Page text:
Use of Immature Technologies: Consequences
Four examples of conclusions from major studies of the consequences of using immature technologies are noteworthy.
1. The “Streamlining Study” of the Defense Science Board was never published, but the Institute for Defense Analysis (1991) produced IDA Paper P-2551, which covered some 100 major defense acquisition programs, reached a firm conclusion that failure to identify technical issues, as well as real costs, before entering into full-scale development—now referred to as engineering and manufacturing development—was the overwhelming cause for subsequent schedule delays and the resulting cost increases.
2. The U.S. General Accounting Office (1992:49) stated: “Successful programs have tended to pursue reasonable performance objectives and avoid the cascading effects of design instability.…”
3. More than a decade later, the U.S. Government Accountability Office (2004:2) found: “FCS [Future Combat System] is at significant risk for not delivering required capability within budgeted resources. Three-fourths of FCS needed technologies were still immature when the program started. The first prototypes of FCS will not be delivered until just before the production decision. Full demonstration of FCS ability to work as an overarching system will not occur until after production has begun.” The report also concluded that based upon the experiences of past programs, the FCS strategy was likely to result in cost overruns and delays. In fact, the FCS program was terminated about 6 years later.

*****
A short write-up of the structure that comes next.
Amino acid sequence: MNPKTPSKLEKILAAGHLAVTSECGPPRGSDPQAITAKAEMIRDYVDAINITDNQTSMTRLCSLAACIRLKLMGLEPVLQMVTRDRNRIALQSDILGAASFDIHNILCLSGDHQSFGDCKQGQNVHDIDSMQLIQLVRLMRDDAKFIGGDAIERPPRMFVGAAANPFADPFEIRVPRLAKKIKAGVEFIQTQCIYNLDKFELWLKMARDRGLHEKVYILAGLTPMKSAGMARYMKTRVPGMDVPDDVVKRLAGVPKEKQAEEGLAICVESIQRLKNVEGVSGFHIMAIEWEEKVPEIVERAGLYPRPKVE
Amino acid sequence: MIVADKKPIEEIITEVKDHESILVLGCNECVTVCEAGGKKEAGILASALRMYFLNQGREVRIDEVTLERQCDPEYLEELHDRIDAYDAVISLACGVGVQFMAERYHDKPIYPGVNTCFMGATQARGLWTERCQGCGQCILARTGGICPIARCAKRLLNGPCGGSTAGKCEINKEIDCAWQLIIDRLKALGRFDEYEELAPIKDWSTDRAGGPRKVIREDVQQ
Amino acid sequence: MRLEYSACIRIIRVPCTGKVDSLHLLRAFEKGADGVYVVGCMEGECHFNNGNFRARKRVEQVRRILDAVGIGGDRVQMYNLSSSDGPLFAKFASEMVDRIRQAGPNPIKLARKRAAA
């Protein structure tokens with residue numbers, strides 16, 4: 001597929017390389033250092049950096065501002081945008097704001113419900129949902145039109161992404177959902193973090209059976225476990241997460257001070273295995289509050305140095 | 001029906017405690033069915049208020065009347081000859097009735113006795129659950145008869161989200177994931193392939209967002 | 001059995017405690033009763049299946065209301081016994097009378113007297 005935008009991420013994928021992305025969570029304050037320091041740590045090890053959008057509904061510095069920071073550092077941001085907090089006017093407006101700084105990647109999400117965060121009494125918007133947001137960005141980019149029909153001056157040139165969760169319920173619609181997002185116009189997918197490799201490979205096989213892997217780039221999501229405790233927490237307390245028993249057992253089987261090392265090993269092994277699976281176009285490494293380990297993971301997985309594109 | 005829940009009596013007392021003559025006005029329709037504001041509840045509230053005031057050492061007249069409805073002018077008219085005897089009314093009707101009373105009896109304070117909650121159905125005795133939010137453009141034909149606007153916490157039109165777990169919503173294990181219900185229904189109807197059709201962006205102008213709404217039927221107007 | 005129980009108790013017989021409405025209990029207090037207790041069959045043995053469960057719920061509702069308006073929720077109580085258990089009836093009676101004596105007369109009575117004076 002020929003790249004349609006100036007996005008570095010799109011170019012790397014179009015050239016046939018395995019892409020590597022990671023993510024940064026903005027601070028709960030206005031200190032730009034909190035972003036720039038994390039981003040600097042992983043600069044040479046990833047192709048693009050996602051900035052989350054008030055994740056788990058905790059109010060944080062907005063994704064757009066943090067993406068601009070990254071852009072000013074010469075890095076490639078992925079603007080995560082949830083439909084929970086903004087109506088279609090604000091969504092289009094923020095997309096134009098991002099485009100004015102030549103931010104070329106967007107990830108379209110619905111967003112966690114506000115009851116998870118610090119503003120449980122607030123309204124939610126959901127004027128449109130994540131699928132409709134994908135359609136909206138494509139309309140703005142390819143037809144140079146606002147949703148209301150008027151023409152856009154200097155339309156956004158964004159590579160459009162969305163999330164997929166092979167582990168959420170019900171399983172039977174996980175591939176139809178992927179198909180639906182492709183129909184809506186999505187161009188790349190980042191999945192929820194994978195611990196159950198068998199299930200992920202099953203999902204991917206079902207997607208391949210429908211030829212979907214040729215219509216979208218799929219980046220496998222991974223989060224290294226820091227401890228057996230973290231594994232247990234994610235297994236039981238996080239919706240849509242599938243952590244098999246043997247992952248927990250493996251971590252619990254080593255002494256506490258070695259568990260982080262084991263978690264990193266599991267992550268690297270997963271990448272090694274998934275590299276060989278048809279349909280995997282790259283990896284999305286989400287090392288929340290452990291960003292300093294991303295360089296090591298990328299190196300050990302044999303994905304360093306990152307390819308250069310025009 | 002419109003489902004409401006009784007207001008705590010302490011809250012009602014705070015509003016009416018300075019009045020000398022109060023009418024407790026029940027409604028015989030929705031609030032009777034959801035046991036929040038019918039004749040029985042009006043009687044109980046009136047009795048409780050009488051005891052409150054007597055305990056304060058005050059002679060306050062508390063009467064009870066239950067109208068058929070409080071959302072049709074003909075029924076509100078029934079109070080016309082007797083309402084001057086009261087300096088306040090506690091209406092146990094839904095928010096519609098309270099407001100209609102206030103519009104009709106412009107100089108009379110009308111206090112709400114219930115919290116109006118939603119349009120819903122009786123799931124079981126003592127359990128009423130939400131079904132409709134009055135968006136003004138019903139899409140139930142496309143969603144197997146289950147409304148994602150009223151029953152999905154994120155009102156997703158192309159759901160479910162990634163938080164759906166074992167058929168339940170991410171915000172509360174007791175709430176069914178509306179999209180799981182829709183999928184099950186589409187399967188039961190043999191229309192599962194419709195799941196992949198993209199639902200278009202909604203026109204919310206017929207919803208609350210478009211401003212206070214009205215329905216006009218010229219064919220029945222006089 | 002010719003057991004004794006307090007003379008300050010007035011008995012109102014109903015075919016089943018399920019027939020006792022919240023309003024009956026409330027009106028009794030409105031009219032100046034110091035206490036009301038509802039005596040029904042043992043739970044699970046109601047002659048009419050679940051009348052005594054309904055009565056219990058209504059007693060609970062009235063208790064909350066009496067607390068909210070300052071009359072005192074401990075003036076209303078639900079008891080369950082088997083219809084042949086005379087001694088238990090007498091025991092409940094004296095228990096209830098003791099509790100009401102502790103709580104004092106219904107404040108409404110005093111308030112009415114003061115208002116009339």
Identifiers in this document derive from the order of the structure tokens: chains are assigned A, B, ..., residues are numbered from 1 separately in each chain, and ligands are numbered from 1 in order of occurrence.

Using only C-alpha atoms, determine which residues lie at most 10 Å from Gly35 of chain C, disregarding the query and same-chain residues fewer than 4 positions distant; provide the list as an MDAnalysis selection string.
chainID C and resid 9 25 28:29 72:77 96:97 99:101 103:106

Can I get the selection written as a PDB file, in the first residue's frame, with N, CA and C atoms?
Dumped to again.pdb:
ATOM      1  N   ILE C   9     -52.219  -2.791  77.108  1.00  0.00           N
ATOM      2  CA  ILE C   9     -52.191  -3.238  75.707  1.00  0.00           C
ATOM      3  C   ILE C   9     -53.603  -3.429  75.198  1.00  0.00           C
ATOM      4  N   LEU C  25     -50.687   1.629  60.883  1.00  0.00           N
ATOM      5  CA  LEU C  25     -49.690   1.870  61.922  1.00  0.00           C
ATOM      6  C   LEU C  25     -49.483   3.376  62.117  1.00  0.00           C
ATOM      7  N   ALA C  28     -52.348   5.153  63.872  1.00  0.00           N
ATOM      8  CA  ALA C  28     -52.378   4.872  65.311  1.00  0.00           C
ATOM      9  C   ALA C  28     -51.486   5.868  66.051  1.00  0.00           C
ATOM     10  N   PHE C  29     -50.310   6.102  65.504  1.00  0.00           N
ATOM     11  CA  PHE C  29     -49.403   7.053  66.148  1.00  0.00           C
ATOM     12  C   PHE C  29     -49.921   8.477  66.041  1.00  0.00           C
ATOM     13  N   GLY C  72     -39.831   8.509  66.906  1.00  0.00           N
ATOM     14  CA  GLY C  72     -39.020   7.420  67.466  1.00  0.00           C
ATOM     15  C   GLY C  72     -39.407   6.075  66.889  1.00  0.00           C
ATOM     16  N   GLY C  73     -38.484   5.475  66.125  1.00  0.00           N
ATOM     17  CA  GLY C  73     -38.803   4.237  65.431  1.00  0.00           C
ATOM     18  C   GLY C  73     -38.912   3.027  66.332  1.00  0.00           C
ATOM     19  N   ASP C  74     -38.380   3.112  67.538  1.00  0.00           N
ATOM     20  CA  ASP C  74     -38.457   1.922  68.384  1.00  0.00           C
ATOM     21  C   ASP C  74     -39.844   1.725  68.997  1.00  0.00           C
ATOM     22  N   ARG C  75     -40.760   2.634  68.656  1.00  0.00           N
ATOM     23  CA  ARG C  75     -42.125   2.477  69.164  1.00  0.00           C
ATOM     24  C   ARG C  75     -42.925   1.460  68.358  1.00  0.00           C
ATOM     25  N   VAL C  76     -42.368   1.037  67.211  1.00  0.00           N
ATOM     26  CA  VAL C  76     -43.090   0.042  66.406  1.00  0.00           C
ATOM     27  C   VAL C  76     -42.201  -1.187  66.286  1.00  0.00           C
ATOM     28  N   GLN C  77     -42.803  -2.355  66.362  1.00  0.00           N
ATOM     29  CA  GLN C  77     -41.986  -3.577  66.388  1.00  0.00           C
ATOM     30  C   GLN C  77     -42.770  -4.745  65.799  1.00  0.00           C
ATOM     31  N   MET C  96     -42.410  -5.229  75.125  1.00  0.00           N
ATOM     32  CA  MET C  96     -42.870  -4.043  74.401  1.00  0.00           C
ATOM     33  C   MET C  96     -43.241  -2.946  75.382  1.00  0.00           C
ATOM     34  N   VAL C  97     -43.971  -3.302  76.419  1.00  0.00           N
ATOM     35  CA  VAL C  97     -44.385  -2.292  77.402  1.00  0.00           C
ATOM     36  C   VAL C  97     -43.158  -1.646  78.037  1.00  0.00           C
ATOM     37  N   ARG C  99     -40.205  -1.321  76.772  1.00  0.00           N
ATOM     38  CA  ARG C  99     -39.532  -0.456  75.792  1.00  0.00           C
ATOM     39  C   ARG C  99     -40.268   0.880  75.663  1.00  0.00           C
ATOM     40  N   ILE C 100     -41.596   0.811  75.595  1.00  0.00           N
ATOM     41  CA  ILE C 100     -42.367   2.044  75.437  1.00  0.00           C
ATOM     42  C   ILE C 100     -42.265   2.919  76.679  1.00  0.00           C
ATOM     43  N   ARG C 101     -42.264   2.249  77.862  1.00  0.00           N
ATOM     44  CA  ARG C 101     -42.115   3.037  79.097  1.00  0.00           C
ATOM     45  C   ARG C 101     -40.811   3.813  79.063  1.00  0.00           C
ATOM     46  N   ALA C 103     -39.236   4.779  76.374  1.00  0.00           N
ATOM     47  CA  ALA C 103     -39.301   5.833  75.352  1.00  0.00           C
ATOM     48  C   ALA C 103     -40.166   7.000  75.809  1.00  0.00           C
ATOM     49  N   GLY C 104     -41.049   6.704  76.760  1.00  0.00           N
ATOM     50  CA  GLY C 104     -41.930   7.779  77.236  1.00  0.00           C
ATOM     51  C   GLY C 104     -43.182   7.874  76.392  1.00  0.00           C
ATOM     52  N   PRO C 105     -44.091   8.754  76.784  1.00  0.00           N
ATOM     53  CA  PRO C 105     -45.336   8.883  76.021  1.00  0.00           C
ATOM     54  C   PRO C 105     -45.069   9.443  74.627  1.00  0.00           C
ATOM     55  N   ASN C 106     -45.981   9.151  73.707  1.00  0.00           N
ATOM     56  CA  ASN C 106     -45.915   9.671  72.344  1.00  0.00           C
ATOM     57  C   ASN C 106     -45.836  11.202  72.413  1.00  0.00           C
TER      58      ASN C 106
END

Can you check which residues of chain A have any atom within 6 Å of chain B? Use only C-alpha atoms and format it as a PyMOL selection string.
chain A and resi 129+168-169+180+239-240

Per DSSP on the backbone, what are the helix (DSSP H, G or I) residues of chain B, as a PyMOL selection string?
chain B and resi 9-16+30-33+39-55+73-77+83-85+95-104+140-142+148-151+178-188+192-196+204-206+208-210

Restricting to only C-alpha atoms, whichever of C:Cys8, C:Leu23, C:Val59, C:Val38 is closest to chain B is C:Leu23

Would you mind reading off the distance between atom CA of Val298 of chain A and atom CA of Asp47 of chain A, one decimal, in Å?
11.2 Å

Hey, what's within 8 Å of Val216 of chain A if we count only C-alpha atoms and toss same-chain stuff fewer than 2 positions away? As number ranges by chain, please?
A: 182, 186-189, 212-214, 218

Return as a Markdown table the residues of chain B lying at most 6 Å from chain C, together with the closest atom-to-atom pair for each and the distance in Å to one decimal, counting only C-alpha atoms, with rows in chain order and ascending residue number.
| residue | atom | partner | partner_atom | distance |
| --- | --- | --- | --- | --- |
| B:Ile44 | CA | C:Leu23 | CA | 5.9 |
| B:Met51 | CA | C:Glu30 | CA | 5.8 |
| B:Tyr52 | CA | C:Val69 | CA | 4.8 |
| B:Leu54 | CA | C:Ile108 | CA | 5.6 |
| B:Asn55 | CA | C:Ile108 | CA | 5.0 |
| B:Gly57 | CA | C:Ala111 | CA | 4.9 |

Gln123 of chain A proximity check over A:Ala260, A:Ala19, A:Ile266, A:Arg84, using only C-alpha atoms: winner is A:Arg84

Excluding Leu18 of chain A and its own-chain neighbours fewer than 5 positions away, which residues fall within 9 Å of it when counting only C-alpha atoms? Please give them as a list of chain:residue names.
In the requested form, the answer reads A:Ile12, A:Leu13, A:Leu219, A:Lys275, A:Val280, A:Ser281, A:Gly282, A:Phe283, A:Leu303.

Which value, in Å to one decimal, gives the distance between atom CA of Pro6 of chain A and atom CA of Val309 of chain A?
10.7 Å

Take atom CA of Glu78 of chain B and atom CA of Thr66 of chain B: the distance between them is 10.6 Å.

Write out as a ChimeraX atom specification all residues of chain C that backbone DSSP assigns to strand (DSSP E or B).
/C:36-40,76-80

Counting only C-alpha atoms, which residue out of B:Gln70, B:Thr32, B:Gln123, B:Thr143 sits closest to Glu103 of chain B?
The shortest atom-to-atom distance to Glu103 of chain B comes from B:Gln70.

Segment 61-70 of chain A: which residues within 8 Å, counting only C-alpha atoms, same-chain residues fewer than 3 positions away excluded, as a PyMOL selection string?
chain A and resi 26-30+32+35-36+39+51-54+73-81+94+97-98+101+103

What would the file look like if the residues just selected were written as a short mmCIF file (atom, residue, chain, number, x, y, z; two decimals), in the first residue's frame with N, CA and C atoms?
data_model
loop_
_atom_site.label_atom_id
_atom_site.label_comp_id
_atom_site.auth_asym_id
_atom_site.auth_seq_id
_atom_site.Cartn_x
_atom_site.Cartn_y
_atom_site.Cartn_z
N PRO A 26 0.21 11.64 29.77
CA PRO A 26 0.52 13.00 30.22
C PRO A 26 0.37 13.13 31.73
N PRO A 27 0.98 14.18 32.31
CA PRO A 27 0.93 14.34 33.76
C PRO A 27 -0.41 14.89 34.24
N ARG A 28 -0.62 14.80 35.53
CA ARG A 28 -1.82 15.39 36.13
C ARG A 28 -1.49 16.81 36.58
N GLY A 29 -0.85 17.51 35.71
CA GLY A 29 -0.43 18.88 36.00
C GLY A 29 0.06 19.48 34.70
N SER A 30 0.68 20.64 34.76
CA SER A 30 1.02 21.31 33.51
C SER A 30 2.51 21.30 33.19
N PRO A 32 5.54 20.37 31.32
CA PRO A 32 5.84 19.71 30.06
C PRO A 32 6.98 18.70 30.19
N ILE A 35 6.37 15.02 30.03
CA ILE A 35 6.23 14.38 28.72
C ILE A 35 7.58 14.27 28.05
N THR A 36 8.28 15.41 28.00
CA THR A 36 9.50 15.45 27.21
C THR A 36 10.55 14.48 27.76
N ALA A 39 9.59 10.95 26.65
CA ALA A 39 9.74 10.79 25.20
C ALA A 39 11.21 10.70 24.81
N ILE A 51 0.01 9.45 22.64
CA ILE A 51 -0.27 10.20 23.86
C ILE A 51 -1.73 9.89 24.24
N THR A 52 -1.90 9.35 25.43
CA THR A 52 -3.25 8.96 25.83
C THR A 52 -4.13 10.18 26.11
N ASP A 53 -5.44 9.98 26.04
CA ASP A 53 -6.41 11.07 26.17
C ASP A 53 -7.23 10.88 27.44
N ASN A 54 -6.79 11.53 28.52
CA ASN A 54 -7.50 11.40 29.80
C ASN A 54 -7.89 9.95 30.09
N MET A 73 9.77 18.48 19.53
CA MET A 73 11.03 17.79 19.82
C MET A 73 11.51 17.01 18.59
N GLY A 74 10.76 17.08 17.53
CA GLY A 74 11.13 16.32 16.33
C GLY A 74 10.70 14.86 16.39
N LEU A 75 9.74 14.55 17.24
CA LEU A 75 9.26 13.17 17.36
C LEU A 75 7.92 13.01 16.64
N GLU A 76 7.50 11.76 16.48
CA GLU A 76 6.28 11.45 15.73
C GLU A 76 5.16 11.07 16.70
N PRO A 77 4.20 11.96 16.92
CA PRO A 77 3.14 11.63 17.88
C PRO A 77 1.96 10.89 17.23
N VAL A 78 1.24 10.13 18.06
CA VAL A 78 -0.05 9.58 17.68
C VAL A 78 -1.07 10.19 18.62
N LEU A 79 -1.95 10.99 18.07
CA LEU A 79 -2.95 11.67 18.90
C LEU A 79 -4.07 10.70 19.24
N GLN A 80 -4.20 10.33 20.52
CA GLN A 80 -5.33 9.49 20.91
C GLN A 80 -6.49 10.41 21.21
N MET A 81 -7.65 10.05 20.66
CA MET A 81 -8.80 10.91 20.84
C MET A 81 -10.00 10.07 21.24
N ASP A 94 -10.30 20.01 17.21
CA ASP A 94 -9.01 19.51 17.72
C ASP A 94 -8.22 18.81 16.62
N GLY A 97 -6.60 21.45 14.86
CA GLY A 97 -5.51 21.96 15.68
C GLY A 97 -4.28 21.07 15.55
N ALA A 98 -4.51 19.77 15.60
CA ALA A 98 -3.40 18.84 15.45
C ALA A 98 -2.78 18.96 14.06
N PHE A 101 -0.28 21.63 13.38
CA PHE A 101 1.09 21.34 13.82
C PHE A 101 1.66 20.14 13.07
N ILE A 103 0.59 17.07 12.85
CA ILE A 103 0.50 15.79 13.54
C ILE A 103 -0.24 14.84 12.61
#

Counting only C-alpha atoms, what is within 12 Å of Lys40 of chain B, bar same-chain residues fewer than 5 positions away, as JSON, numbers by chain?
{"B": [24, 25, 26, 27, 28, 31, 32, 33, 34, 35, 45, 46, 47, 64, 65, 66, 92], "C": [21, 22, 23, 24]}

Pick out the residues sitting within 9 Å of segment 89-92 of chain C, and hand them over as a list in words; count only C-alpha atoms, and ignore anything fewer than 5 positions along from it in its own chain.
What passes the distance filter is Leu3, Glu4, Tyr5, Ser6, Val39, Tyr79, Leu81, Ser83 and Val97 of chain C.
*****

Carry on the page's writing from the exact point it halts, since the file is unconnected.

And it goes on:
4. At a November 30, 2005, meeting of the Naval Studies Board of the National Research Council, the then newly appointed Department of the Navy acquisition executive, Dr. Delores Etter reported that she had just attended her first Defense Acquisition Board review, which was for the DDG-1000 (guided missile destroyers) program. She had anticipated that technologies for the program would be an issue with the Undersecretary of Defense (AT&L), DOD’s top acquisition executive but they were not. The acquisition team had identified 10 high-risk areas that would have to mature in parallel for the acquisition program to meet its performance goals, and the program was approved for entry into engineering and manufacturing development. About 3-1/2 years later, in the summer of 2008, the Department of the Navy requested, and received approval for, termination of the prohibitively expensive program after having spent $10 billion on the first two ships.
slippage and cost growth in DOD program acquisition, and it often results from the overly optimistic confidence of developers in their abilities to convert technological advances into developing reliable components and subsystems and doing so in a timely manner. The terminations of the FCS (the Army’s future combat system) and DDG-1000 (the Navy’s Zumwalt class of guided missile destroyers) programs years after their entry into